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Linux
Hardware
  • Steam Linux Usage Put At 0.6% For September, Contrary To Other Inflated Numbers

    Meanwhile the Netmarketshare data showed Linux almost doubling over the past month, but likely due to some flaw in the system or reporting discrepancy with Android/Chrome-OS. In fact, since the earlier drama today, has already been revised lower to 4.83%. Though that number is still likely artificially higher due to Chrome & co.

  • System76 Galago Pro review

     

    A high-end laptop that offers a stylish all-aluminium design, lots of processing power, a generous selection of ports and a vibrant HiDPI screen for a reasonable price. Just don’t stray too far from a wall socket as the battery life barely lasts half a day’s work.

  • Little Backup Box Update and FAQ

    I’ve been traveling quite a bit lately. And to fight the battery anxiety syndrome, I’ve bought an Anker PowerCore 20100 mAh power bank. This relatively compact and light pack features two USB charging ports capable of delivering up to 2.4 mAh.

    Now that I have plenty of power when I’m on the move, I no longer need to rely on Raspberry Pi Zero to run the Little Backup Box script. So I upgraded my mobile photo backup box to Raspberry Pi 3.

  • OSMC's September update is here

    OSMC's September update is ready with a wide range of improvements and fixes to keep your OSMC device running in tip-top shape.

  • Atari to release new gaming console that runs Linux

    Atari has recently announces that they are coming back into the console market, and are releasing a console dubbed the “AtariBox” and the kicker is; it runs Linux!

    On Sept. 26, Atari released a new photo of the Ataribox, made of real wood, and I must say that it looks absolutely gorgeous! A video of the device can be found on the Ataribox homepage.

NASA's Eyes Is Still Being Ported To Linux

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Linux
Software

NASA is still said to be porting their "Eyes" visualization software to Linux.

NASA Eyes out of the Jet Propulsion Lab (JPL) and California Institute of Technology is designed to provide visualizations of various items on Earth and within the solar system.

Visualizations range from viewing wild fires and hurricanes to having solar system tours. Eyes has been available for macOS, Windows, and mobile platforms but with no Linux support.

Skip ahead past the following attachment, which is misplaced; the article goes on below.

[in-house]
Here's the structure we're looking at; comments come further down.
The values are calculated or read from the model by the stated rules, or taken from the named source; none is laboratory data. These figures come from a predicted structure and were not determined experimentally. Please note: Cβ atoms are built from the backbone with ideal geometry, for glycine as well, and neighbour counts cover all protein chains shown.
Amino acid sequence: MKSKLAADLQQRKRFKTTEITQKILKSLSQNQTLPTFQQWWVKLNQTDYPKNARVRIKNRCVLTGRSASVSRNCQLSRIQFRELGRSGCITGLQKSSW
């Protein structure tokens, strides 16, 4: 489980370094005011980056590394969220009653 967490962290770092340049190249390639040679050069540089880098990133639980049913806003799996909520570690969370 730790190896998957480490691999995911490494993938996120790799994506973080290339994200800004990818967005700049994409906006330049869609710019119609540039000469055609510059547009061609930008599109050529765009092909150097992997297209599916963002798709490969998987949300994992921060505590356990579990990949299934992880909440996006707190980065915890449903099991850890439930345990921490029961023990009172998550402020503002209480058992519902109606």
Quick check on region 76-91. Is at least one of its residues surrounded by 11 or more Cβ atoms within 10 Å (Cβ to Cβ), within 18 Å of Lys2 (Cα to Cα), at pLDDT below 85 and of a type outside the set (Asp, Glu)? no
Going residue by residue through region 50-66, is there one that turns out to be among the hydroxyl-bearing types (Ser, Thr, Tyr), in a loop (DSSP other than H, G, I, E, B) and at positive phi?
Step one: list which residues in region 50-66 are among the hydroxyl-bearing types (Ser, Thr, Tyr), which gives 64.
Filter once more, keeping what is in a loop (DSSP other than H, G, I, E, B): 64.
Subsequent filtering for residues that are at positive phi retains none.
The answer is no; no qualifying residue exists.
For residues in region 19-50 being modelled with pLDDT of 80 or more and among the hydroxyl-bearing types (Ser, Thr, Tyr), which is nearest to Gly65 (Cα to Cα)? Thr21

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feren OS: A new Snapshot is Now Available! (Changes)

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Linux

A new Snapshot of feren OS, codenamed Oxygen, has been released for both 32 Bit and 64 Bit Devices, and it comes with a lot of good changes from after August Snapshot's (NEON's) release.

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More in Tux Machines

LWN on Linux: LTS, API, Pointer Leaks and Linux Plumbers Conference (LPC)

  • Cramming features into LTS kernel releases
    While the 4.14 development cycle has not been the busiest ever (12,500 changesets merged as of this writing, slightly more than 4.13 at this stage of the cycle), it has been seen as a rougher experience than its predecessors. There are all kinds of reasons why one cycle might be smoother than another, but it is not unreasonable to wonder whether the fact that 4.14 is a long-term support (LTS) release has affected how this cycle has gone. Indeed, when he released 4.14-rc3, Linus Torvalds complained that this cycle was more painful than most, and suggested that the long-term support status may be a part of the problem. A couple of recent pulls into the mainline highlight the pressures that, increasingly, apply to LTS releases. As was discussed in this article, the 4.14 kernel will include some changes to the kernel timer API aimed at making it more efficient, more like contemporary in-kernel APIs, and easier to harden. While API changes are normally confined to the merge window, this change was pulled into the mainline for the 4.14-rc3 release. The late merge has led to a small amount of grumbling in the community.
  • Improving the kernel timers API
    The kernel's timer interface has been around for a long time, and its API shows it. Beyond a lack of conformance with current in-kernel interface patterns, the timer API is not as efficient as it could be and stands in the way of ongoing kernel-hardening efforts. A late addition to the 4.14 kernel paves the way toward a wholesale change of this API to address these problems.
  • What's the best way to prevent kernel pointer leaks?
    An attacker who seeks to compromise a running kernel by overwriting kernel data structures or forcing a jump to specific kernel code must, in either case, have some idea of where the target objects are in memory. Techniques like kernel address-space layout randomization have been created in the hope of denying that knowledge, but that effort is wasted if the kernel leaks information about where it has been placed in memory. Developers have been plugging pointer leaks for years but, as a recent discussion shows, there is still some disagreement over the best way to prevent attackers from learning about the kernel's address-space layout. There are a number of ways for a kernel pointer value to find its way out to user space, but the most common path by far is the printk() function. There are on the order of 50,000 printk() calls in the kernel, any of which might include the value of a kernel pointer. Other places in the kernel use the underlying vsprintf() mechanism to format data for virtual files; they, too, often leak pointer values. A blanket ban on printing pointer values could solve this problem — if it could be properly enforced — but it would also prevent printing such values when they are really needed. Debugging kernel problems is one obvious use case for printing pointers, but there are others.